• Wind Cave National Park - Two Worlds

    Wind Cave

    National Park South Dakota

Wildlife Management - Raising Wild Animals

Bison on the Prairie

Bison on the Prairie

NPS Photo

Returning the Animals

Fourteen bison were shipped to the preserve from the New York Zoological Society in 1913. In 1914, 14 Rocky Mountain elk from Yellowstone National Park and 13 pronghorn antelope from Alberta, Canada were added to complete the prairie scene.

 
Herd of Elk in a Corral

Herd of Elk in a Corral

NPS Photo

Learning to Manage Wildlife

Because the practice of raising wild game animals under semi-natural conditions was relatively new, A.P. Chambers, the first warden of the preserve, experienced many challenges creating healthy, wild herds.

 
Truck Used to Ship Animals

Truck Used to Ship Animals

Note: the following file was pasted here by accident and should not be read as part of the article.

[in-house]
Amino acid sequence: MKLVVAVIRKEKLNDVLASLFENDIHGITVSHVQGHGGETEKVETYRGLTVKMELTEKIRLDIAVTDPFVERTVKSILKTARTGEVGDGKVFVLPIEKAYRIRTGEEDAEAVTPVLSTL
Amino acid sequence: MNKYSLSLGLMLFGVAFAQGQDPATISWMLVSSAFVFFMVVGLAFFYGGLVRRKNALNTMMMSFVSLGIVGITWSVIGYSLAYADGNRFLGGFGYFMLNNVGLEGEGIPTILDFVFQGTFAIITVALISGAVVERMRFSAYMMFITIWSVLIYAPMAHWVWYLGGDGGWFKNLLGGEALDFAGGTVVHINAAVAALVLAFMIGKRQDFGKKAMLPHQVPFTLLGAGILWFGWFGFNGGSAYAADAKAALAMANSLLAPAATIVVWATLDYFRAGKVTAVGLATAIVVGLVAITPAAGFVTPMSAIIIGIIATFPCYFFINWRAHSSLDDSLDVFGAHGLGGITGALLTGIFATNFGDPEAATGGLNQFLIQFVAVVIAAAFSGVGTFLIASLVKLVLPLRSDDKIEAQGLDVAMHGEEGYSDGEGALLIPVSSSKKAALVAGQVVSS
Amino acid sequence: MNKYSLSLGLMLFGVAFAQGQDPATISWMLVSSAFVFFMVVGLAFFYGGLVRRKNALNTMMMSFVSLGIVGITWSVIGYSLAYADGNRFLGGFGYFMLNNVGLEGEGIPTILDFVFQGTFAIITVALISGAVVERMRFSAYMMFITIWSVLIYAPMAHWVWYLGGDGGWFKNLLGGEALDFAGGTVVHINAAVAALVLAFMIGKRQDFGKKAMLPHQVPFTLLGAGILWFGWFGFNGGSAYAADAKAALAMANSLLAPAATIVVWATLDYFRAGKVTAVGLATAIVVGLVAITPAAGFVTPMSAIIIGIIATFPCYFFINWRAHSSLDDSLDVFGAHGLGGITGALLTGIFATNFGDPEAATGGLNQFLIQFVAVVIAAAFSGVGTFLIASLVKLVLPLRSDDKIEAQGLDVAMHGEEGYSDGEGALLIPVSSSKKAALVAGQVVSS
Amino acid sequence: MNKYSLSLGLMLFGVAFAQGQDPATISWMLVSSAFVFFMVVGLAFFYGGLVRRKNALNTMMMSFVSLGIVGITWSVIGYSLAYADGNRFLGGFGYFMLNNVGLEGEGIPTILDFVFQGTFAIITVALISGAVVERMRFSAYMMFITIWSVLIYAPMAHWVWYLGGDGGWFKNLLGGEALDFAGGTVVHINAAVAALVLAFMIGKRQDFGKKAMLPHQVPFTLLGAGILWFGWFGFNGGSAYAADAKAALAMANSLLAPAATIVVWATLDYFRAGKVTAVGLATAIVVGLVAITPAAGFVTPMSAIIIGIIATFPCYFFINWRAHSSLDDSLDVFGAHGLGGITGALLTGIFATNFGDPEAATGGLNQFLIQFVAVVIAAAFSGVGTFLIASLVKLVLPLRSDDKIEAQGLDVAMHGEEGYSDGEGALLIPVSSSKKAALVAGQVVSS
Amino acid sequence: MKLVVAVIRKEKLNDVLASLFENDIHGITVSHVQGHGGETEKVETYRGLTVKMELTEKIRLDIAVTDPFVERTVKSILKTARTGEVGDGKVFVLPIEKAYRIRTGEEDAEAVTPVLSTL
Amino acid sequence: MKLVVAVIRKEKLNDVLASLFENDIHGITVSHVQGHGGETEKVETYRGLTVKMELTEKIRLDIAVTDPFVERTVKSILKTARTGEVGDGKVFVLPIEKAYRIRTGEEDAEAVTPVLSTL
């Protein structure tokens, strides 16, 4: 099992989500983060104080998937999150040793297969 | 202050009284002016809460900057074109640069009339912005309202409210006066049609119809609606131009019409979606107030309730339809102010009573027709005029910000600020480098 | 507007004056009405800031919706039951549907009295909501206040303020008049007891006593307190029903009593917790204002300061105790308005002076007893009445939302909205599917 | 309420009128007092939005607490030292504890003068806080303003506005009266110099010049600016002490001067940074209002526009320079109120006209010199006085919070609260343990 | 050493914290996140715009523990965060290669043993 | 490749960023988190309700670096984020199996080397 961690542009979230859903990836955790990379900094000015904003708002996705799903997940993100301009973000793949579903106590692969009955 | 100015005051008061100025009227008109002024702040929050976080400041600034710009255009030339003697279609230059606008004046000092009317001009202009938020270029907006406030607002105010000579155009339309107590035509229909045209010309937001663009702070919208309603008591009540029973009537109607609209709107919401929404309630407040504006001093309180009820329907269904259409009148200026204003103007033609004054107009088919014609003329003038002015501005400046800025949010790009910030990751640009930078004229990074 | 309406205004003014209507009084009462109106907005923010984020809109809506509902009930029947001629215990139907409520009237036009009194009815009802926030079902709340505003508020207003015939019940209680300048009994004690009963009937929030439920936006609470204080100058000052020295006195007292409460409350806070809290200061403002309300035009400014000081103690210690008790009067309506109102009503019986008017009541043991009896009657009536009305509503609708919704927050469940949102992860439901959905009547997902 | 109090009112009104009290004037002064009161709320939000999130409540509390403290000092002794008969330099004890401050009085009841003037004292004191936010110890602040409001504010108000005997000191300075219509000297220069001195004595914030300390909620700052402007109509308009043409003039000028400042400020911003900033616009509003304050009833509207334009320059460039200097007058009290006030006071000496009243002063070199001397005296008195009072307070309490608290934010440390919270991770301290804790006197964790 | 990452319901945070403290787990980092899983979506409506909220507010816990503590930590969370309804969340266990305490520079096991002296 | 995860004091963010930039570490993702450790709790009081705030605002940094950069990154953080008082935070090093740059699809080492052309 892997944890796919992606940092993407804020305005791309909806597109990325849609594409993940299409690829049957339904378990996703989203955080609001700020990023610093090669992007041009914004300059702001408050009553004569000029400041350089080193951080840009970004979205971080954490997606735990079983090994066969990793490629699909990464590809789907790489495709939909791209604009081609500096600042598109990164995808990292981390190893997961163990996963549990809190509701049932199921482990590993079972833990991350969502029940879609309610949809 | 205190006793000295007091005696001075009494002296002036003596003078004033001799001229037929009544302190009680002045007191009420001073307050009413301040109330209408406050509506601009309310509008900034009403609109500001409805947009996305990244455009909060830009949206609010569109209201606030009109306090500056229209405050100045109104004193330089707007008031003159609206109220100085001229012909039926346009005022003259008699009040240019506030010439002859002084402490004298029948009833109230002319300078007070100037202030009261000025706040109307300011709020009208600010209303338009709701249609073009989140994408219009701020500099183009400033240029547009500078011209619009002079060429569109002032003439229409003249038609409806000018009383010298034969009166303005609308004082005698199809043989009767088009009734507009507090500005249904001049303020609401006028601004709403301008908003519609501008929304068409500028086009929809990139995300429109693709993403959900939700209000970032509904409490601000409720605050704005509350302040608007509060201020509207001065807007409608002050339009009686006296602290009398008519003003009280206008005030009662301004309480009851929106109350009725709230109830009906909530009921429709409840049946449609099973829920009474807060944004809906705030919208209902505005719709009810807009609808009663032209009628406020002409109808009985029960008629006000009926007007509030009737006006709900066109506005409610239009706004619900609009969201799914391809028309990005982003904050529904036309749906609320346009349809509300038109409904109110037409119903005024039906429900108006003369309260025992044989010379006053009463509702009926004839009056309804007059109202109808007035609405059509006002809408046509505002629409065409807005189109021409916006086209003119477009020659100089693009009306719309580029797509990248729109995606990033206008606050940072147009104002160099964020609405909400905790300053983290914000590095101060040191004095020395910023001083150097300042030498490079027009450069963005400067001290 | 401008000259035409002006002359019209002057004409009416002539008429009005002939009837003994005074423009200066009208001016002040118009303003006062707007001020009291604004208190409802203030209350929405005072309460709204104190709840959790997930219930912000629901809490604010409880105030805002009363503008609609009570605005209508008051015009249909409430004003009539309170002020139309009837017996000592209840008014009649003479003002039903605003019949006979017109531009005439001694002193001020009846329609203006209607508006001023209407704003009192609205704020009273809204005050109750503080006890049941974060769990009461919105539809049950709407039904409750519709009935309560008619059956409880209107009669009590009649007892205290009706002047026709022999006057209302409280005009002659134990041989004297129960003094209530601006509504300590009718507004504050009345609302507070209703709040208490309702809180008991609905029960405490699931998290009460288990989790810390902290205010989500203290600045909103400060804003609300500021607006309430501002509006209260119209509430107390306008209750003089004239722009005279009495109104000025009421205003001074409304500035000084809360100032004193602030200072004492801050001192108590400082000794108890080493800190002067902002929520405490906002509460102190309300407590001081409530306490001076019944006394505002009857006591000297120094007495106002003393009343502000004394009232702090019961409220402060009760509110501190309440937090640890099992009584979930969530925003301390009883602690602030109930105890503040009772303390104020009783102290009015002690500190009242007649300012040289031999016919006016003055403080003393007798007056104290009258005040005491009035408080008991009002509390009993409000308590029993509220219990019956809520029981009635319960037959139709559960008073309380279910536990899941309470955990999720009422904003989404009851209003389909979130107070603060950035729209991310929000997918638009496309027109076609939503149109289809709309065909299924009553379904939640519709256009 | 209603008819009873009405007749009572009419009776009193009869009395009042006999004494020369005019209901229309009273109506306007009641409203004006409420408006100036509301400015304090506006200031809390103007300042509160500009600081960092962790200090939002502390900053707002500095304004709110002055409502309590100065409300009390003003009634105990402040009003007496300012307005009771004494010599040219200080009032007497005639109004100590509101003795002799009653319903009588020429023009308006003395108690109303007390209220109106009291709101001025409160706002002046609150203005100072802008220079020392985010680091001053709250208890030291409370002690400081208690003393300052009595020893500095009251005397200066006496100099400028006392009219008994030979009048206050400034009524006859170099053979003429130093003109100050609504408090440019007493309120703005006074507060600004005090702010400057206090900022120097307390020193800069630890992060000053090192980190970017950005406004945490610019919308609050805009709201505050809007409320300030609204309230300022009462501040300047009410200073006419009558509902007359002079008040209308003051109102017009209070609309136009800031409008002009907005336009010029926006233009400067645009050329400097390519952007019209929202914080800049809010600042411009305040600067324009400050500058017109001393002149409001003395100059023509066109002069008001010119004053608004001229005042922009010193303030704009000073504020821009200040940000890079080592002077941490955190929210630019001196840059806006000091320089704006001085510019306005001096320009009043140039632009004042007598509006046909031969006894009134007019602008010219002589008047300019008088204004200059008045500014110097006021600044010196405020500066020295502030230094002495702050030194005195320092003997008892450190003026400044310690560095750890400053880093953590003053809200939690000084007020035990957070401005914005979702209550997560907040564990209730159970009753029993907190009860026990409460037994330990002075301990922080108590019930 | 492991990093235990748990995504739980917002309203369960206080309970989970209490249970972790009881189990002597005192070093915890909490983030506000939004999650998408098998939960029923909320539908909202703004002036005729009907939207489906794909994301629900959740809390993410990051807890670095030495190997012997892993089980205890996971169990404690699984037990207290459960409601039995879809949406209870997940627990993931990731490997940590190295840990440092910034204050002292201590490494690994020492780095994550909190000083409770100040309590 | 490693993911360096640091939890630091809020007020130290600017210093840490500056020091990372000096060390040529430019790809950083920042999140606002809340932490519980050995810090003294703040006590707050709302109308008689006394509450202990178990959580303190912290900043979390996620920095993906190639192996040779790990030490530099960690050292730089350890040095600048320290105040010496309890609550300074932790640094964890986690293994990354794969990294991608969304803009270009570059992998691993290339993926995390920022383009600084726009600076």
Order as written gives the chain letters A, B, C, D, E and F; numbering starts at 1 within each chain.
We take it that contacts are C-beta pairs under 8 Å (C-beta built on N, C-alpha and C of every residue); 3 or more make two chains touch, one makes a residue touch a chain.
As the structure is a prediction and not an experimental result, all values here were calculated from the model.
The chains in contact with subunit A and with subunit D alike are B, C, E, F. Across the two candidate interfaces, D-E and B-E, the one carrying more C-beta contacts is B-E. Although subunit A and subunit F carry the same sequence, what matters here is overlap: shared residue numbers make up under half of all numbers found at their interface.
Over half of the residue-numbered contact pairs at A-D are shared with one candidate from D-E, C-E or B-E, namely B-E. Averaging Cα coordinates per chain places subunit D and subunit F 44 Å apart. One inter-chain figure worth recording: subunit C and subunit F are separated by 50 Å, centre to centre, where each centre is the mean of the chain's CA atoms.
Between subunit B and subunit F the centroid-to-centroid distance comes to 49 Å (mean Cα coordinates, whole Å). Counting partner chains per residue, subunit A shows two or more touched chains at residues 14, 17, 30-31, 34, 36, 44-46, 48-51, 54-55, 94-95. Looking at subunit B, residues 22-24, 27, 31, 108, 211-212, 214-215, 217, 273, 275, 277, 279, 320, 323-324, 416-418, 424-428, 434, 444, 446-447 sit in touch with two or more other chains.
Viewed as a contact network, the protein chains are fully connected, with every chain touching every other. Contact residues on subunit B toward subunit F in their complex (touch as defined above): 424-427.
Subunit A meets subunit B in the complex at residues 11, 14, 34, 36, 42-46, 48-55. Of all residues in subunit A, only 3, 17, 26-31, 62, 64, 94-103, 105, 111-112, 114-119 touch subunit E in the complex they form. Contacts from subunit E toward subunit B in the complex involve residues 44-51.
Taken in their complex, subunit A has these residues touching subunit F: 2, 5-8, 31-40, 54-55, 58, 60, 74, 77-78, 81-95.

NPS Photo

Growing Herds

The bison and elk survived with very little trouble. They quickly adapted to the park area and by 1920, the bison reached a population of 100 and the elk, 200. To keep the herd sizes in balance with the range, managers culled animals by selling them or moving them to other preserves.

 
Pronghorn and Kid

Pronghorn and Kid

NPS Photo

Challenges with the Pronghorn

Raising pronghorn antelope was, perhaps, A.P Chambers greatest challenge. These curious little animals seemed to die for no apparent reason.

 

Did You Know?

Natural Entrance of Wind Cave

Winds caused by changes in barometric pressure are what give Wind Cave its name. These winds have been measured at the cave's walk-in entrance at over 70 mph. The winds at the natural entrance of the cave attracted the attention of Native Americans and early settlers.